• New Atheism Is Old News by J. Stonestreet

New Atheism Is Old News by J. Stonestreet

Even though I’ve been in a faith crisis the last few years – I wouldn’t exactly say I’ve rejected the Christian faith in total, but I have doubts about how true or useful it is – I’m not an atheist, either.

(Online, I tend to attract some atheists who sometimes seem to think I’m one of them.)

Concerning the variety of atheism referred to as “new atheism,” which started around 15 – 18 years ago, I always found its adherents to be very condescending, arrogant, and rude.

The new atheists are no better than the fundamentalist Christians and Muslims they criticize (ie., in that being very rigid in thinking, arrogant, and unpleasant) and so are not going to convert anyone to their worldview.

I am relieved to see that this “new atheist” movement may finally be dying off, though I’m not thrilled to see it replaced by  hyper rabid partisan political stances.

(I am not in agreement with all views expressed in this piece by J. Stonestreet or in the articles linked to at The Guardian and ARC. I agree on some points, but certainly not all.)

New Atheism is Old News by J. Stonestreet

In the early 2000s, across the digital and print world of Christian apologetics, the so-called “New Atheism” was a central topic of conversation.

Authors like Richard Dawkins, Sam Harris, and the late Christopher Hitchens generated quite an audience by attacking religion in general, and Christianity in particular, portraying both as irrational, evil forces in society.

Books like The God Delusion,God Is Not Great, and The End of Faith argued that belief in God was unscientific, and that unbelief would make us all better people.

You may be thinking to yourself, “I haven’t really thought of those guys in quite a while.” Exactly.

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• Hillsong Christian Church Song Writer Marty Sampson Says He Has Left the Christian Faith

Hillsong Christian Church Song Writer Marty Sampson Says He Has Left the Christian Faith

Before I get to listing the links to the news story about Christian song writer Marty Sampson saying on his social media that he has now left the Christian faith, I wanted to make a few comments first.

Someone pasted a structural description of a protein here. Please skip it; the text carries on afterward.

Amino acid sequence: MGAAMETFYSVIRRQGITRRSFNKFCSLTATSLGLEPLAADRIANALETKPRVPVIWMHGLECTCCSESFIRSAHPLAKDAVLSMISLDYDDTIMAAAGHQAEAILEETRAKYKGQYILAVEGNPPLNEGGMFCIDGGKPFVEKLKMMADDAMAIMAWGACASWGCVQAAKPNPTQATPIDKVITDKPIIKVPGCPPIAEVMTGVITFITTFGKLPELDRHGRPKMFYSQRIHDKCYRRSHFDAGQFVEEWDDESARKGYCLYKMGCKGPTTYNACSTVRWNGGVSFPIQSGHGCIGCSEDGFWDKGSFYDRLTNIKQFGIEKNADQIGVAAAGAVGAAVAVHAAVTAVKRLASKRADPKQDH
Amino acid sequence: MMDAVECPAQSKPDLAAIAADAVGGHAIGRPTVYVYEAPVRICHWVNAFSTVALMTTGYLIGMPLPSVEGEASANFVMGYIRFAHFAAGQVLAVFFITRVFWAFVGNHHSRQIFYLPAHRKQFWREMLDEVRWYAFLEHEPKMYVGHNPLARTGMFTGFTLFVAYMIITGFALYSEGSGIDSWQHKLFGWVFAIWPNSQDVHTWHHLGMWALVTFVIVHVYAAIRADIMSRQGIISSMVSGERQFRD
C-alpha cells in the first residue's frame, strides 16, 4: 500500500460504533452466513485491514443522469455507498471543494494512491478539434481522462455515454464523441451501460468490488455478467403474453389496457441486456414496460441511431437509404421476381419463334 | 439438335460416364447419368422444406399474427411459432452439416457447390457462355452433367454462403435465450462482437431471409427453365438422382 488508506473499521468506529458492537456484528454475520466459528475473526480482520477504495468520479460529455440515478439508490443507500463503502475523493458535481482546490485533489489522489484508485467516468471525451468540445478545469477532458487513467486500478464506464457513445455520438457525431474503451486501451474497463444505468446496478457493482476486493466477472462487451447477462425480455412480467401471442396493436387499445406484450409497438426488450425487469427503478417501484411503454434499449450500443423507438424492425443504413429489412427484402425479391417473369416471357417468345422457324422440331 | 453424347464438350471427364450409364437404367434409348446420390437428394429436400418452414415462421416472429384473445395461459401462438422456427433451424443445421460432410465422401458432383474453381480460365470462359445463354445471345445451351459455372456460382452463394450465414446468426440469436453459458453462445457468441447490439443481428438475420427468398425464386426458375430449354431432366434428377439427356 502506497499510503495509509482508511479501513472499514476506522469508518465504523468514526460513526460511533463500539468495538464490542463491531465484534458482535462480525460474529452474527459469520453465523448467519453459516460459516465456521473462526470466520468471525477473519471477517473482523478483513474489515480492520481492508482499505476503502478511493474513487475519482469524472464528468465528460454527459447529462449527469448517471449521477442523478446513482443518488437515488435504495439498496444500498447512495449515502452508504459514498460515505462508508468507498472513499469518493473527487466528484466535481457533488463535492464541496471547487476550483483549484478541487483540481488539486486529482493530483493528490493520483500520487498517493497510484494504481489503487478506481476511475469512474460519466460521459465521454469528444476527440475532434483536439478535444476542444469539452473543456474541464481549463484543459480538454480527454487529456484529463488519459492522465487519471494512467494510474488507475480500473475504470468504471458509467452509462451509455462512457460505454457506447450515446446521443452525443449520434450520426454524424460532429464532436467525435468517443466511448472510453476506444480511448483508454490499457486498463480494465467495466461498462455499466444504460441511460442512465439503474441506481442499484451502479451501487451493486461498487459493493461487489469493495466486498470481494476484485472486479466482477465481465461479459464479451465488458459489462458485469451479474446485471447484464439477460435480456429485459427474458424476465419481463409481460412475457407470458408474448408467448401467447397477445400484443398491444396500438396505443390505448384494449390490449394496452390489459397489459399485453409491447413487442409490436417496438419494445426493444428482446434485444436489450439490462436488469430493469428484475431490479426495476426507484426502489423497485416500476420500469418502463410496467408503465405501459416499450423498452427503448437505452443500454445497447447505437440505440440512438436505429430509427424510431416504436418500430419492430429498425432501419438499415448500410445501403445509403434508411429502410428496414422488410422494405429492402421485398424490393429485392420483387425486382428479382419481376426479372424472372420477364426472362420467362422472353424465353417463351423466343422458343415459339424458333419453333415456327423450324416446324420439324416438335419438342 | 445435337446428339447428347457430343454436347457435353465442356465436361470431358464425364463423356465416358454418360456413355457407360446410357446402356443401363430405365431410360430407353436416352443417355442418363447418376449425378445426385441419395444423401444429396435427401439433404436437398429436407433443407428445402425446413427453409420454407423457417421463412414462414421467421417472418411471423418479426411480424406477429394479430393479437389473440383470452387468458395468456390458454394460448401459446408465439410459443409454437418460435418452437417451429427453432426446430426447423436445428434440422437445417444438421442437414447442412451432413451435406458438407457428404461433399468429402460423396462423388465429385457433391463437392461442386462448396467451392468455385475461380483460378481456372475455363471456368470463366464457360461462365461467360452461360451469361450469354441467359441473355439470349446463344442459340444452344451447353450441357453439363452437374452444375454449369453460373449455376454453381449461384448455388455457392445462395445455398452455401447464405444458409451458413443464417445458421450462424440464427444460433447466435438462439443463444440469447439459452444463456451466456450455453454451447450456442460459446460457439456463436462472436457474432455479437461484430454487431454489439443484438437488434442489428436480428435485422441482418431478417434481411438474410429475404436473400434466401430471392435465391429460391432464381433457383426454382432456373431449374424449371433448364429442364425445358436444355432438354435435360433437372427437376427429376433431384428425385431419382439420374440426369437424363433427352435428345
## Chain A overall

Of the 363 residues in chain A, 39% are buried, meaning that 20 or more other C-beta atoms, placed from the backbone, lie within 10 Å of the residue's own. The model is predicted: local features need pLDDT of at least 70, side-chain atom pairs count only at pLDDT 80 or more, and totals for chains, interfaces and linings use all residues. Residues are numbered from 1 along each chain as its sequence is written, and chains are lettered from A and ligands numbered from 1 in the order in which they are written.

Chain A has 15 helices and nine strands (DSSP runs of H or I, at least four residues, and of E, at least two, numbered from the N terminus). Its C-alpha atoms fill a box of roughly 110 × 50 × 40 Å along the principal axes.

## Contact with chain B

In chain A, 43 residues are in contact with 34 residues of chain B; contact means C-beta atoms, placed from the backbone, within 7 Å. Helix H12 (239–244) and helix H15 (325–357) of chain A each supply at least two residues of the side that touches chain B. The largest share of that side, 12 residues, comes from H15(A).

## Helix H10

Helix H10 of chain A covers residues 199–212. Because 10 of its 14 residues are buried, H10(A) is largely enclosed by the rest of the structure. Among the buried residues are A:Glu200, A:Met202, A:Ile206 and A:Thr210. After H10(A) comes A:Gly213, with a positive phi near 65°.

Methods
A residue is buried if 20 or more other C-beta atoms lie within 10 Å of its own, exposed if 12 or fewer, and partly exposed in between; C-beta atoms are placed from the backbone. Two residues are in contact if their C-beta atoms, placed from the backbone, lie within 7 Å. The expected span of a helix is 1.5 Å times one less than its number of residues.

Some of the comments from Christians regarding Sampson leaving the faith are either sad or ignorant.

This is from Ken Ham of Answers In Genesis (who I’ve actually defended on this blog in the past, in another context) said this (link is below):

Answers in Genesis founder Ken Ham said Sampson’s rejection of his former beliefs reinforces the need for parents to instruct their children in doctrinal truths at an early age. “This sad situation about this person is a reminder the church & parents need to teach apologetics to counter today’s attacks on God’s Word,” he tweeted.
—–

I find that a lot of Christians who are still in the “Christian Bubble” do not grasp how and why adult Christians leave the faith, or are considering leaving.

I myself was brought up in the Christian faith and read a lot of Christian apologetics literature from my mid-teens to around my late twenties to early thirties.

And, of course, I also regularly read the Bible, and I spent a few years reading about the history of the Bible, in particular the history of English language Bible translations.

So believe you me, contrary to what Ken Ham believes, a lack of being instructed about the faith from childhood, and hearing defenses of it, and being educated about Christianity, are not at play in why some Christians leave the faith (or may leave it), at least not in my case.

I was steeped in Christianity as a kid and into my adult years, and I did a ton of reading on apologetics, and none of that has changed the fact I’ve been in a faith crisis the last several years.

Farther below, under one of the last links, I have several more comments.

Update August 13, 2019:  
Hillsong worship leader clarifies he hasn’t renounced faith, but it’s on ‘incredibly shaky ground’

Hillsong Songwriter Marty Sampson Says He’s Losing His Christian FaithHillsong worship leader Marty Sampson announces he’s ‘losing’ his faith

Hillsong writer reveals he’s no longer a Christian: ‘I’m genuinely losing my faith’

By Leah MarieAnn Klett, Christian Post Reporter
August 12, 2019

Marty Sampson, a prolific worship music writer known for his work with Hillsong Worship, Hillsong United, Delirious and Young & Free, revealed he is losing his faith and believes Christianity is “just another religion.”

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• Deconstruction, Deconversion, Joshua Harris, and the Awful Christian Reaction

Deconstruction, Deconversion, Joshua Harris, and the Awful Christian Reaction

Josh Harris is a guy who wrote a book about sexual purity and dating in the 1990s (“I Kissed Dating Goodbye”) when he was in his late teens or early 20s – it’s a book that upset a lot of Christians who claim now that as teens, that book stunted their relationships and harmed them in other ways.

In the past couple of weeks, Harris announced on his social media he’s divorcing his wife and is “deconstructing” from the Christian faith.

In one of his social media posts, Harris said something or other about apologizing to women and to LGBT persons he may have wounded with some of his former teachings and beliefs.

At no time (that I recall) did Harris say he is now a flaming liberal who is a big time pro-LGBT- lifestyle- affirming SJW.

But some Christians are assuming he is now such.

Some are assuming either he is now a liberal, or else that he was seduced to (possibly) rejecting the faith because he was seduced by liberals or liberalism.

It’s not immediately clear to me if Harris rejects Christ now or is merely reevaluating the faith.